2. Throw lots of toys and let your cat chase the toys

When your cat loses interest in the throw toy, after batting it around, throw another.

The key here is making the game the motivation. You want the cat to learn that they can get more things to chase if they play fetch. You want to give them a steady stream of things to chase.

3. Keep throwing toys and reward your cat when a toy makes it back to you by throwing the toy again

Patience is key here, because you want your cat to bat the throw toy back to you. When the toy gets back to you, you can throw it again.

Eventually your cat will learn that the toy is much more fun when he brings it back to you, because he gets to chase it when you throw it.

If your cat is food motivated, a treat each time it brings back the toy may help encourage the process. However, in my experience, a cat that is already motivated to play will be interested in the better play experience.

  • My girl "taught me" fetch -- more accurately, throw on request -- but we're still working out the kinks. If she can see me, she gets distracted, drops the toy and trots over to say "nice ape", then can't remember what we were doing -- so after I throwdown the corridor, I need to duck back into a room. For related reasons, perhaps, she hasn't quite gotten bringing to toy to me, just near me. We're working on it. – keshlam Aug 21 '15 at 7:13
  • It sounds like y'all are having fun! Keep working on it. It takes a lot of practice. Maybe try sitting down on the floor, that's usually how I played. – Betsy Dupuis Aug 21 '15 at 15:03

There are a lot of great answers here and I think they have it covered. I just wanted to mention something that might help. I think that with a cat, targeting is probably the easiest thing to teach first.

We know that clicker training is a great way to train an animal. We also know that cats can have a pavlovian response as evidenced by every movie, commercial, and personal experience of a person turning on a can opener and the cat comes tearing around corners to get to the sound.

This technique involves a combination of that and a homemade tool. I made the tool buy buying a very cheap telescoping magnet tool from the auto parts store. They look like a pin when closed. You can tape a plastic spoon to the end of this and use a very small amount of wet food as the reward. When you train, you telescope it out and you can hold this and the clicker in the same hand or whatever is most comfortable for you. If your cat is skittish, you can do like they do when clicker training mice/hamsters and either wrap it in a cloth to muffle the noise or use a Snapple cap, which makes the same sound, but much quieter.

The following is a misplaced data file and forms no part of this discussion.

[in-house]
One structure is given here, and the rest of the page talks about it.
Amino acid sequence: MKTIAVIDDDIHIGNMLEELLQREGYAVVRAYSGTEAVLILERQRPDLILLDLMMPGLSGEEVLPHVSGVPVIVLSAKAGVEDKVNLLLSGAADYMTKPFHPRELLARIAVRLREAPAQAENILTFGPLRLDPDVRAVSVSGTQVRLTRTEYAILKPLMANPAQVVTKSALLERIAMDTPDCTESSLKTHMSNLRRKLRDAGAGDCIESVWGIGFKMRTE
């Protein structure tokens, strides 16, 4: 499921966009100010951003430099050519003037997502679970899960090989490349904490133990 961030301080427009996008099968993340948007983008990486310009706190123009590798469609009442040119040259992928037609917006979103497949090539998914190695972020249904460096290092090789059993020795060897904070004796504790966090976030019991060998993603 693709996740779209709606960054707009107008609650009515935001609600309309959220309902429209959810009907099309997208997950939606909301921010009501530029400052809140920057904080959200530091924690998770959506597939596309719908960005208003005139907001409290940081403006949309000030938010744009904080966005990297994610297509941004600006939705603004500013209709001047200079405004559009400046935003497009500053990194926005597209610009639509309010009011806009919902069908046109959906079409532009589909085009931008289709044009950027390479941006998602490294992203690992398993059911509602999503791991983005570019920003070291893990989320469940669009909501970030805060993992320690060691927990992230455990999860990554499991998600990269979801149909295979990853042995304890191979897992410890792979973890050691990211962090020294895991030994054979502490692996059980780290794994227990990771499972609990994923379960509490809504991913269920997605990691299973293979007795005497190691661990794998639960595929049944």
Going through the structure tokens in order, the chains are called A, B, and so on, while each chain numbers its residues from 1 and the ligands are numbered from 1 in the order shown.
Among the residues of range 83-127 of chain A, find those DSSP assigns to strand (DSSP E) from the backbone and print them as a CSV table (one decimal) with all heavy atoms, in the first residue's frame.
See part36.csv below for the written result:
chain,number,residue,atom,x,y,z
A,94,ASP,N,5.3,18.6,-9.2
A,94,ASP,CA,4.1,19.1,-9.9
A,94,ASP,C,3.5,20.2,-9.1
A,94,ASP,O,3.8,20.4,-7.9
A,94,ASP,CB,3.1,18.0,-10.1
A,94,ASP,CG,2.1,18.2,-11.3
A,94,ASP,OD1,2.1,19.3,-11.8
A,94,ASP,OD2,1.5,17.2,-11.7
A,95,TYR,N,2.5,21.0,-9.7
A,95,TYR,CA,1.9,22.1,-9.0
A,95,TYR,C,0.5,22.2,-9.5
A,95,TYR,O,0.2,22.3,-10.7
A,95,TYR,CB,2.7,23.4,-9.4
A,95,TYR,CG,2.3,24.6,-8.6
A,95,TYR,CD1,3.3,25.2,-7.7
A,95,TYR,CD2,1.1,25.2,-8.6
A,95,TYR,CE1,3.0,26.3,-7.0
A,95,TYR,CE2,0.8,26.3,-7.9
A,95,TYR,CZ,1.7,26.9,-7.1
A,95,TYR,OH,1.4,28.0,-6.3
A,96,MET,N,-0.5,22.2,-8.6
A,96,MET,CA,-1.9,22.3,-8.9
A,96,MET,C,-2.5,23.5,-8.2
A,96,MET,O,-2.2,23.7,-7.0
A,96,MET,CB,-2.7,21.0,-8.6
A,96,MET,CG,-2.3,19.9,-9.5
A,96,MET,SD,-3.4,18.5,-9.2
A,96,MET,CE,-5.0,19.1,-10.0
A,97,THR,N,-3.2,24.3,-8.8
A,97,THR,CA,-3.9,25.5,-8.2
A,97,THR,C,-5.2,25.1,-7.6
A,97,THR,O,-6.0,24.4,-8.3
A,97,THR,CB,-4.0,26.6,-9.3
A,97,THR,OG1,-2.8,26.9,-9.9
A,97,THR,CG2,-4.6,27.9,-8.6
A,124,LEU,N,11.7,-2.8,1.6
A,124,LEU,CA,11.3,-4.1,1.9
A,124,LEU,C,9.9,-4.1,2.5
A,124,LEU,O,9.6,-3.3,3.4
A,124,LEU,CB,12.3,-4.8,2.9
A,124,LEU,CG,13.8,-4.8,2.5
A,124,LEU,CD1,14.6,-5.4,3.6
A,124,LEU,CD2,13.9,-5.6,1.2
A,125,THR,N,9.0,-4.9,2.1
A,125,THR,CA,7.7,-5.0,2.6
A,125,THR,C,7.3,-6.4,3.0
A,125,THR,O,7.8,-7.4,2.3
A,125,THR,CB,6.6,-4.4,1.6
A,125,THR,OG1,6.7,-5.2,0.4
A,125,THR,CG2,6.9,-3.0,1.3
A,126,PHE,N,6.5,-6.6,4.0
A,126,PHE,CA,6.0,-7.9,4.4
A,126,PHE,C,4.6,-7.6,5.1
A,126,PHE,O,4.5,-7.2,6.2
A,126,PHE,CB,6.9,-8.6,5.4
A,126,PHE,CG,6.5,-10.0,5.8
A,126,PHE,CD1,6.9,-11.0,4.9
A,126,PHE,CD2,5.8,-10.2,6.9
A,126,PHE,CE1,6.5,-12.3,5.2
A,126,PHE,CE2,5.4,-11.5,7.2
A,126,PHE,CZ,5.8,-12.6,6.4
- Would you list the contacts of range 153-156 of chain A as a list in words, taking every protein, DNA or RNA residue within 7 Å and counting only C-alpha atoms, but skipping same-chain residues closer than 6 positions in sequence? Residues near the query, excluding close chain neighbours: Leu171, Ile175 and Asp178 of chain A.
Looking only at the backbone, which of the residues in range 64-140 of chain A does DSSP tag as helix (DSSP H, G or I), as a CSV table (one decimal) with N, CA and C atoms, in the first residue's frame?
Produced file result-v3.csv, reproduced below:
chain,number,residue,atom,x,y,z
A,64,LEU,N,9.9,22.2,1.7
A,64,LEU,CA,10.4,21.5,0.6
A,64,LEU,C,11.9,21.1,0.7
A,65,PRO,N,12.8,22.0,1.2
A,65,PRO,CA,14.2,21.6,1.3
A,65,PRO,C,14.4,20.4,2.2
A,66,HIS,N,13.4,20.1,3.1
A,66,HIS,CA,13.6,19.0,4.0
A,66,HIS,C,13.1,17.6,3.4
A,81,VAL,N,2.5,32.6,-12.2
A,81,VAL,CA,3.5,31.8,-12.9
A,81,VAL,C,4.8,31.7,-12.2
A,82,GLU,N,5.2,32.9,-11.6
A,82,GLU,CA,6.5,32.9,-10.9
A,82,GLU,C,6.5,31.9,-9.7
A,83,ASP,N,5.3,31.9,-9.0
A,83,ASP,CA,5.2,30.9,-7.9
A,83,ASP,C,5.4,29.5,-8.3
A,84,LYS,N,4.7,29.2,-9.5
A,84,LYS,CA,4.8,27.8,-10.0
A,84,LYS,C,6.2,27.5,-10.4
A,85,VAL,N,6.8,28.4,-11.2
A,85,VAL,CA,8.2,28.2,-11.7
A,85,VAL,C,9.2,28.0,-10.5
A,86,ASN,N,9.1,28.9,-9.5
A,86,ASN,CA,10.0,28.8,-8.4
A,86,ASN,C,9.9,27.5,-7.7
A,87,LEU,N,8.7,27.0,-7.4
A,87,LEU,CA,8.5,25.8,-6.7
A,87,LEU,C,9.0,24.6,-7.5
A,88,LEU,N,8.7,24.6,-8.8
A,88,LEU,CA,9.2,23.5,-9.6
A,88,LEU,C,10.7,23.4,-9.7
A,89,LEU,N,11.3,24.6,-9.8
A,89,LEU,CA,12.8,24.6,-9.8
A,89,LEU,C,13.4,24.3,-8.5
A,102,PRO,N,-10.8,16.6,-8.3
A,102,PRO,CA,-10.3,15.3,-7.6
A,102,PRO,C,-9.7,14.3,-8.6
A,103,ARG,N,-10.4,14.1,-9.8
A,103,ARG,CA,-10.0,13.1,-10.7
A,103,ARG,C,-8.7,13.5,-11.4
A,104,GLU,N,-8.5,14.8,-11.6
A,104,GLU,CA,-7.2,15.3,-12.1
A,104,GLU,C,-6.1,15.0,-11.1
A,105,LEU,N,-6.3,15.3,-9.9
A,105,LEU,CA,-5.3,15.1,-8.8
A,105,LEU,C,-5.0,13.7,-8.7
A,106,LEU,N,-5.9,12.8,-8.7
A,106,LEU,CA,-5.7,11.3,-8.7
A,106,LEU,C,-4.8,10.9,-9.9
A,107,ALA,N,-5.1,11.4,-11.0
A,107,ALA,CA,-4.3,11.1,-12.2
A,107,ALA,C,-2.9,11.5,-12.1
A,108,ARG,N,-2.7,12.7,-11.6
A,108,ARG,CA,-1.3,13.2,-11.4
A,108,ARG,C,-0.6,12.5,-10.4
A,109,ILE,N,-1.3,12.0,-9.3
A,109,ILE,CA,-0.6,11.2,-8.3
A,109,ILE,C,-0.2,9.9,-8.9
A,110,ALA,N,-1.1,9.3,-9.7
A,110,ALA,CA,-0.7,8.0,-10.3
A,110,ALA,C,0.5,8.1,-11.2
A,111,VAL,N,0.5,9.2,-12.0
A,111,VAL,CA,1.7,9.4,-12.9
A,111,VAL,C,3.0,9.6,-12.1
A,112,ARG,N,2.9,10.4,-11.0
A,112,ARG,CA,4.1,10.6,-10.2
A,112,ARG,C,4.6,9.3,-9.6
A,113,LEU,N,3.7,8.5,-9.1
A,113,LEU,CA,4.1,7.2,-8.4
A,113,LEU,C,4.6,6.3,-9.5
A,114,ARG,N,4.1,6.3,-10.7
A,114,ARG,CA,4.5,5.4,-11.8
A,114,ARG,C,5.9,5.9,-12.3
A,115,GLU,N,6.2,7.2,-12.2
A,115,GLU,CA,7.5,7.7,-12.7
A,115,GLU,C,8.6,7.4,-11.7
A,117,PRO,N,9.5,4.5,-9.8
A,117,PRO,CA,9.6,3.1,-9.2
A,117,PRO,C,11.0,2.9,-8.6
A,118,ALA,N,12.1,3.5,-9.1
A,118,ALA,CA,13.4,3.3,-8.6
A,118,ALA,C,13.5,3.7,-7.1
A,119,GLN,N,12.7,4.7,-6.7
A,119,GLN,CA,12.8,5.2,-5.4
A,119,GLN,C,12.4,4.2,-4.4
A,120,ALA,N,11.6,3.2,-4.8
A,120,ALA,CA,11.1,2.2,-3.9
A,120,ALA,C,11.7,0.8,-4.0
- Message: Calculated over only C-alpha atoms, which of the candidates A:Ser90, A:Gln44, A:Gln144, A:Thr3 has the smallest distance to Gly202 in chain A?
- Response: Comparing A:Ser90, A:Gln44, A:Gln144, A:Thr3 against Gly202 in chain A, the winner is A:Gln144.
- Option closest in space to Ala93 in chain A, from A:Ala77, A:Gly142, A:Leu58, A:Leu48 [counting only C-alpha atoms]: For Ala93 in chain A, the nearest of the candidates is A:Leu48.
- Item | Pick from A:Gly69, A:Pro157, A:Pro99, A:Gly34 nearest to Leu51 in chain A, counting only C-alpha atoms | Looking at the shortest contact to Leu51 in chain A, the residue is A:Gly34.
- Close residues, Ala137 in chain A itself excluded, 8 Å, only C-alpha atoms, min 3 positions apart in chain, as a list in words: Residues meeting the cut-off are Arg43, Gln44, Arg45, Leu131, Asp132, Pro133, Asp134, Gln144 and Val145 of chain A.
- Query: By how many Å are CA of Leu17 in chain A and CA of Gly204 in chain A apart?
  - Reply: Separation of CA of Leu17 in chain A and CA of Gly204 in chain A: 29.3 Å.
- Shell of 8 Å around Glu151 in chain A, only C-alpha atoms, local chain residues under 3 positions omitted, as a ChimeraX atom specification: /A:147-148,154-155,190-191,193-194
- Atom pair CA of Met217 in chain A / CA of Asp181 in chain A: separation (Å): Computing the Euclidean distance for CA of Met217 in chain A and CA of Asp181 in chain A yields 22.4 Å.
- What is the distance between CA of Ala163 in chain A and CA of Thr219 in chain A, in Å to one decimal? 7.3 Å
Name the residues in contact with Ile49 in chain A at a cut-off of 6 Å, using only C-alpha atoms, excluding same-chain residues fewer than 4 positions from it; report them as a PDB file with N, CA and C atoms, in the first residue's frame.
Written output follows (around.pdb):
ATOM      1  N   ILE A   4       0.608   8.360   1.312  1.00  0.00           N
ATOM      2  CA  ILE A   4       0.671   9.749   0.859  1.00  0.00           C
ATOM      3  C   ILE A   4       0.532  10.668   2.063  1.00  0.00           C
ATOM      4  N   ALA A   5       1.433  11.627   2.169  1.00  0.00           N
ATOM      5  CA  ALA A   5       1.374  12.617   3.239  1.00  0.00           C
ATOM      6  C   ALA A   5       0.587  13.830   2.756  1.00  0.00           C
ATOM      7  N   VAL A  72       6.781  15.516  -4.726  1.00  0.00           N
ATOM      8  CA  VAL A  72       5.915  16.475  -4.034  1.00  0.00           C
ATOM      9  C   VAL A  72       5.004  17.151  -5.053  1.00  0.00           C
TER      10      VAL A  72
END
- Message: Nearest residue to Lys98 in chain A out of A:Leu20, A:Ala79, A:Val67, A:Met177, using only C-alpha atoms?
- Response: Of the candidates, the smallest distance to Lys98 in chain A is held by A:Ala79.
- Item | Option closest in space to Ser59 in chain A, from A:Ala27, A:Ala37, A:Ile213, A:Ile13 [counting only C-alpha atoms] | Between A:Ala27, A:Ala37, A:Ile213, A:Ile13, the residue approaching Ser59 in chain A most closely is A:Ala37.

Cat's are naturally curious, so simply hold down the telescoped spoon and he should come to sniff it, especially if you rubbed the spoon across the top of the wet food and got some scent on it. When he touches the spoon with his nose, you can click and scoop a little food onto the spoon for him. Basically, just enough for a taste. You aren't giving a whole spoon full.

He'll keep following the spoon for the food and he'll eventually catch on that touching the spoon will get him more food. You can use this to lead him onto stools or chairs, lure him into sits or raises, and anything else you can thing of. Once the behavior is down, you can have him target other objects, such as your hand or toys, which can lead to fetch behaviors.

The biggest key in training a cat is your mind set. You can force a dog into a sit or a lay, though that's usually not the best way. However, with a cat, you can't force anything. You need to be prepared to have your cat flip you off and tell you that he doesn't care what reward you're offering, he's not performing. That's just cats for you. Keep sessions short and don't sweat it if they don't want to do something. Work when they will and quite when they don't. The more you get them to do a behavior, the more likely they'll be to repeat it, since it's ingrained.